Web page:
Just months after the FDA granted fast-track approval for its myeloma drug, Oncopeptides withdrew melphalan flufenamide (melflufen, Pepaxto) from the market.
The move follows an FDA suspension of the drug’s clinical trials after data from a confirmatory trial showed an increased risk of mortality in patients treated with melflufen. The phase III OCEAN study compared melflufen plus dexamethasone and pomalidomide (Pomalyst) plus dexamethasone in patients with refractory triple myeloma. The trial met the primary endpoint of progression-free survival, but an analysis of overall survival (a secondary endpoint) showed melflufen to be on the wrong side of a risk ratio of 1.104.
“During our dialogue with the FDA, it became clear that the FDA does not consider the Phase III OCEAN study to meet the criteria for a confirmatory study,” according to a statement from the company. “Oncopeptides believes the data from OCEAN is scientifically significant and the results warrant further evaluation.”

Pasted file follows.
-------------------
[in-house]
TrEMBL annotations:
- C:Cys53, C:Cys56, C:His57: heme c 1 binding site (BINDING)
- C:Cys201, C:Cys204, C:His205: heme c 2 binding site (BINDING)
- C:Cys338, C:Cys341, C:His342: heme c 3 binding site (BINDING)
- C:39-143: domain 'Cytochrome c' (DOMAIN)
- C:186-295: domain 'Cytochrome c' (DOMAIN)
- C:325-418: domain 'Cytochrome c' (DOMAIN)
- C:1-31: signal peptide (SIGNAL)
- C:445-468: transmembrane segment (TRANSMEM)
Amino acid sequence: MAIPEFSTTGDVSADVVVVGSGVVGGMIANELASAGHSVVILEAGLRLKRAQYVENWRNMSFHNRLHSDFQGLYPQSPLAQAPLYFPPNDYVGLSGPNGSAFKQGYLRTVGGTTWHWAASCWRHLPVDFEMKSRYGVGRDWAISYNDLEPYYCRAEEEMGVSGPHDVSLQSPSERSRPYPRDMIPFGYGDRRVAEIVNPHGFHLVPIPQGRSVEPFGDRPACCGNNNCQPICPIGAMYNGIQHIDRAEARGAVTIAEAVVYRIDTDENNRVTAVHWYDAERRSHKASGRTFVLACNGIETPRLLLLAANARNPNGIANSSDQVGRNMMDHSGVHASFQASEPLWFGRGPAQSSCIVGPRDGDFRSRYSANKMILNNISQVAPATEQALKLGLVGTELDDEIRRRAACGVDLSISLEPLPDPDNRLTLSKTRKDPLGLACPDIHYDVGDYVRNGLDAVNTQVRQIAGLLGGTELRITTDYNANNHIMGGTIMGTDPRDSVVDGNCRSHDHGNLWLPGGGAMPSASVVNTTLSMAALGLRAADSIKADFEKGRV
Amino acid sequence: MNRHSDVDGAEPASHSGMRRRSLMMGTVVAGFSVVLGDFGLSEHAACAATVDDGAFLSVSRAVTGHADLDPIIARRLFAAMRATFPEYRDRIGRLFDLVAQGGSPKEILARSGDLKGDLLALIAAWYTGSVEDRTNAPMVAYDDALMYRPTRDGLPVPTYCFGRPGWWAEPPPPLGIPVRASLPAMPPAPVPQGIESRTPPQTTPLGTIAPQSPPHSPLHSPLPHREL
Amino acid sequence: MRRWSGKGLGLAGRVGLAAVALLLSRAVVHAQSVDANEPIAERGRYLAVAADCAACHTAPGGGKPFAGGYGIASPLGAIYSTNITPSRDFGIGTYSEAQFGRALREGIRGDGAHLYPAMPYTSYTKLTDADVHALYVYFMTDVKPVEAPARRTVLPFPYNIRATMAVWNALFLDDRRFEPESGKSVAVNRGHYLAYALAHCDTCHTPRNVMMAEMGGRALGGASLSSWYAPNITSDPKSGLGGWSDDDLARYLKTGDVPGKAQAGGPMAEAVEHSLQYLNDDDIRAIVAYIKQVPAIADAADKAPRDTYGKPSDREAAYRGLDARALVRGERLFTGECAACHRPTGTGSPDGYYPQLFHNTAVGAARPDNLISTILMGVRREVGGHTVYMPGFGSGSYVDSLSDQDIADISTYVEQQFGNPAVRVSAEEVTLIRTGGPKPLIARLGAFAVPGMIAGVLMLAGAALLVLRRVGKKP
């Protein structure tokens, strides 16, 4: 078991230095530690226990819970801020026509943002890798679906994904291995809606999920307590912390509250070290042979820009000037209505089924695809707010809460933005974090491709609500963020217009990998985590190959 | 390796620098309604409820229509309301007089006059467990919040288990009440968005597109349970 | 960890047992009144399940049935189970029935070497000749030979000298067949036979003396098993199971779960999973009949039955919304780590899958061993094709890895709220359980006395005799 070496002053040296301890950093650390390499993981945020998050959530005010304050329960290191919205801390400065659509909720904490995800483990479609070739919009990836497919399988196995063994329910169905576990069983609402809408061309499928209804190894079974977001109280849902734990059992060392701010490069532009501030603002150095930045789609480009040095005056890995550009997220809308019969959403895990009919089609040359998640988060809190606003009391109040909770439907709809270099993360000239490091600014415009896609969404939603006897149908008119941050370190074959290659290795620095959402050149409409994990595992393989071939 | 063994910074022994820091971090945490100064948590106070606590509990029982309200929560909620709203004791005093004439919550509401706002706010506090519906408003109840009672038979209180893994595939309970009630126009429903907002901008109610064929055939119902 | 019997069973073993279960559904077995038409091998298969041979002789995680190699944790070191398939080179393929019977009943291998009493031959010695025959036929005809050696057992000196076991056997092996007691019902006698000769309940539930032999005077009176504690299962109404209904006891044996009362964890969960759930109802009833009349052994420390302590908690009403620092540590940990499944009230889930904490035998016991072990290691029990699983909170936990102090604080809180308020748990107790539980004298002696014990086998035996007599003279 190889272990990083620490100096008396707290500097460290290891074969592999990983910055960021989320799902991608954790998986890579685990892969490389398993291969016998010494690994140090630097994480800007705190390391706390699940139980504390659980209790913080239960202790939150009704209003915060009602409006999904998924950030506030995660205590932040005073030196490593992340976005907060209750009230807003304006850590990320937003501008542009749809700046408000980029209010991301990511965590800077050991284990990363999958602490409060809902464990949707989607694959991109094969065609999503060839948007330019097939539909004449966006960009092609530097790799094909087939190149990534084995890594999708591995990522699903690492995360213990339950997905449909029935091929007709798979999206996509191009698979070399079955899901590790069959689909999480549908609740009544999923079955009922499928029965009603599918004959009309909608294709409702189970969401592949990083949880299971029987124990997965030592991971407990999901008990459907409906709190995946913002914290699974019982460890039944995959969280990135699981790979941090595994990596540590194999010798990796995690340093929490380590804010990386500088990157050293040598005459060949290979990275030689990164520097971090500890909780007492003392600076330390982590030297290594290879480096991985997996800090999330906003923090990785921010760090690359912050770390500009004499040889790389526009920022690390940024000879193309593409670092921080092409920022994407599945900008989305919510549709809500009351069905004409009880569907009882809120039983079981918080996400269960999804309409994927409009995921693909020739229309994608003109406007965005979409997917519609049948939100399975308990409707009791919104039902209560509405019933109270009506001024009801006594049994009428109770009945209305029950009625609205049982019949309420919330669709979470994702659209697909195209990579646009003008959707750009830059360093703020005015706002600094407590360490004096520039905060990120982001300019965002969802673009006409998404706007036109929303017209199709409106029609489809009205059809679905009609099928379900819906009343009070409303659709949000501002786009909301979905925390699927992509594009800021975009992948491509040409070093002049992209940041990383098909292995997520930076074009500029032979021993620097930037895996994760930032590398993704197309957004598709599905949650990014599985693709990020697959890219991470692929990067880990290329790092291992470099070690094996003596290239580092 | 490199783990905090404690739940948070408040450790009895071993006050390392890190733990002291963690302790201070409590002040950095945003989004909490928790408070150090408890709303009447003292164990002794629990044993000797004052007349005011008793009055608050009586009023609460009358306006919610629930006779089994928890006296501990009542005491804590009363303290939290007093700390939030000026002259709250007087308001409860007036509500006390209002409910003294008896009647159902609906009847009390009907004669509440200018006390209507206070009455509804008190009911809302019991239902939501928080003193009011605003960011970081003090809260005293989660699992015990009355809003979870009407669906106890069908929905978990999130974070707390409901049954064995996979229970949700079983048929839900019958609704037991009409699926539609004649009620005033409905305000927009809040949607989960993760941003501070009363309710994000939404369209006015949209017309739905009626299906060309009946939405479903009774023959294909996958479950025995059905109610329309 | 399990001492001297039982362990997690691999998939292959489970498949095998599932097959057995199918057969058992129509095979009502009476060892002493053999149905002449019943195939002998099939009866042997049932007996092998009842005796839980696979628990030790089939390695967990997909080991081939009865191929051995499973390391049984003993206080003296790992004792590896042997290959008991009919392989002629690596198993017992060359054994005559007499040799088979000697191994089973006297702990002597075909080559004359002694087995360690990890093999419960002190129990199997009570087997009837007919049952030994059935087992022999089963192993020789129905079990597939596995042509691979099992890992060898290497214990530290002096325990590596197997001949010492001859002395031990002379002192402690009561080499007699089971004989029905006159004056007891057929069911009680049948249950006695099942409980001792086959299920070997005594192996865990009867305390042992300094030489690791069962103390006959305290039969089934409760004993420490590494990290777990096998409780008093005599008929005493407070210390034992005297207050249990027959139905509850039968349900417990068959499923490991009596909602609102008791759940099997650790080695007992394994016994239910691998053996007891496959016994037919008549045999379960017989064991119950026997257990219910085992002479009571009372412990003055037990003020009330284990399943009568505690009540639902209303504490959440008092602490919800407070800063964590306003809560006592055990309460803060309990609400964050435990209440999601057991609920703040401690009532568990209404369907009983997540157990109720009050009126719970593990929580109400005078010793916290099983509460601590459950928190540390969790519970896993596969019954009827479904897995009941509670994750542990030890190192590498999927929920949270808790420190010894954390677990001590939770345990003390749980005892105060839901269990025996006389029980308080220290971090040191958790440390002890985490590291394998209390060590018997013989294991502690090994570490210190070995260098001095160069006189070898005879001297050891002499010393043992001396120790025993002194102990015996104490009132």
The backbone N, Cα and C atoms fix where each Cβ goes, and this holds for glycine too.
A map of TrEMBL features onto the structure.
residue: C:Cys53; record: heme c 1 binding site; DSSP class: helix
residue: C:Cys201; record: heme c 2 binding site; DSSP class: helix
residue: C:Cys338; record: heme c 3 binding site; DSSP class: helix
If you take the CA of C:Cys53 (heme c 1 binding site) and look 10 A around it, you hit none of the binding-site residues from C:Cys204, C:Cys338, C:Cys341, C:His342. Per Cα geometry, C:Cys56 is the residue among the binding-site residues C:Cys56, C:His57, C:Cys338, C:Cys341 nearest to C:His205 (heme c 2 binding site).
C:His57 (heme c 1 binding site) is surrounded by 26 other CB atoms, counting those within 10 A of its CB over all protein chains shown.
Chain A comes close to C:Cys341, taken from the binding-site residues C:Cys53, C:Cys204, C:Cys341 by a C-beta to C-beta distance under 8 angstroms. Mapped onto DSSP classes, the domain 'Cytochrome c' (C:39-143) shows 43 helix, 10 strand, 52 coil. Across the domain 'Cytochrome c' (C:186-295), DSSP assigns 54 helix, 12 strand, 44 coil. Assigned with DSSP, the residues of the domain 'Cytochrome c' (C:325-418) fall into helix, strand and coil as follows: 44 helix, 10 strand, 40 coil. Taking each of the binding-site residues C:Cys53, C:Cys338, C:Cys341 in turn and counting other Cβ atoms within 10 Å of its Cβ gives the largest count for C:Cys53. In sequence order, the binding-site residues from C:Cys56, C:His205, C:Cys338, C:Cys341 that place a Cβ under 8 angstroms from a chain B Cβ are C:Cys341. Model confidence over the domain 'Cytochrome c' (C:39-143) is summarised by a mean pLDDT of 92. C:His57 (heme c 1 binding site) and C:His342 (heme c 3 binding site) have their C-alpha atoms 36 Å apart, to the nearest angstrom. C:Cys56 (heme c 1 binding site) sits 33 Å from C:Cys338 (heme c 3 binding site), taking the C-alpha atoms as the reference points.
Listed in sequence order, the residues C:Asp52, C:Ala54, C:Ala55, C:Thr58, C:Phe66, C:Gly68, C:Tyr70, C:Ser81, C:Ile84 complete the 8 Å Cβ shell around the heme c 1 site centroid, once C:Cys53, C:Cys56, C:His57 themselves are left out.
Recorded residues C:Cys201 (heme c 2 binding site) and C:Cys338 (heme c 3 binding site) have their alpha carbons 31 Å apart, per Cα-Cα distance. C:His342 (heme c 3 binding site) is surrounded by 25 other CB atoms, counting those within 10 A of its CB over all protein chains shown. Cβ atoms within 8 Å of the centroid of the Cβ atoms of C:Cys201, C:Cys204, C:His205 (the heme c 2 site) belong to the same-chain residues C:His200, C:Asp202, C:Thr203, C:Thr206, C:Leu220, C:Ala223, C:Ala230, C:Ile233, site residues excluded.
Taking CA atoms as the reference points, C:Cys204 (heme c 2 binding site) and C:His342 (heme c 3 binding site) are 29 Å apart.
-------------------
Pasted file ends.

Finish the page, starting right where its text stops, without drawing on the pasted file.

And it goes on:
Oncopeptides will refocus its R&D resources on its proprietary peptide and drug conjugate platform and on new generation drug candidates already in development. According to the statement, Oncopeptides’ business units in the United States and Europe will close and the company will become based in Sweden. A conditional marketing application for melflufen in the European Union (based on the results of a HORIZON phase II trial that supported fast-track FDA approval) is still pending.
“The company must now refocus its resources and energy on R&D and stay true to its mission of bringing hope to patients through science,” said Marty J. Duvall, CEO of Oncopeptides. “We believe this is the only viable path to achieve this goal.”
The company will work with the FDA to make melflufen available to patients currently being treated with the drug.
Melflufen received accelerated approval in late February as a fifth-line treatment for relapsed / refractory myeloma, including the failure of three classes of myeloma drugs (immunomodulator, proteasome inhibitor, and anti-CD38 antibody). The HORIZON single-arm trial involved 157 patients with relapsed / refractory disease who received melflufen until disease progression or unacceptable toxicity. The therapy produced objective responses in about a quarter of a subset of 97 patients with triple refractory disease and four prior regimens.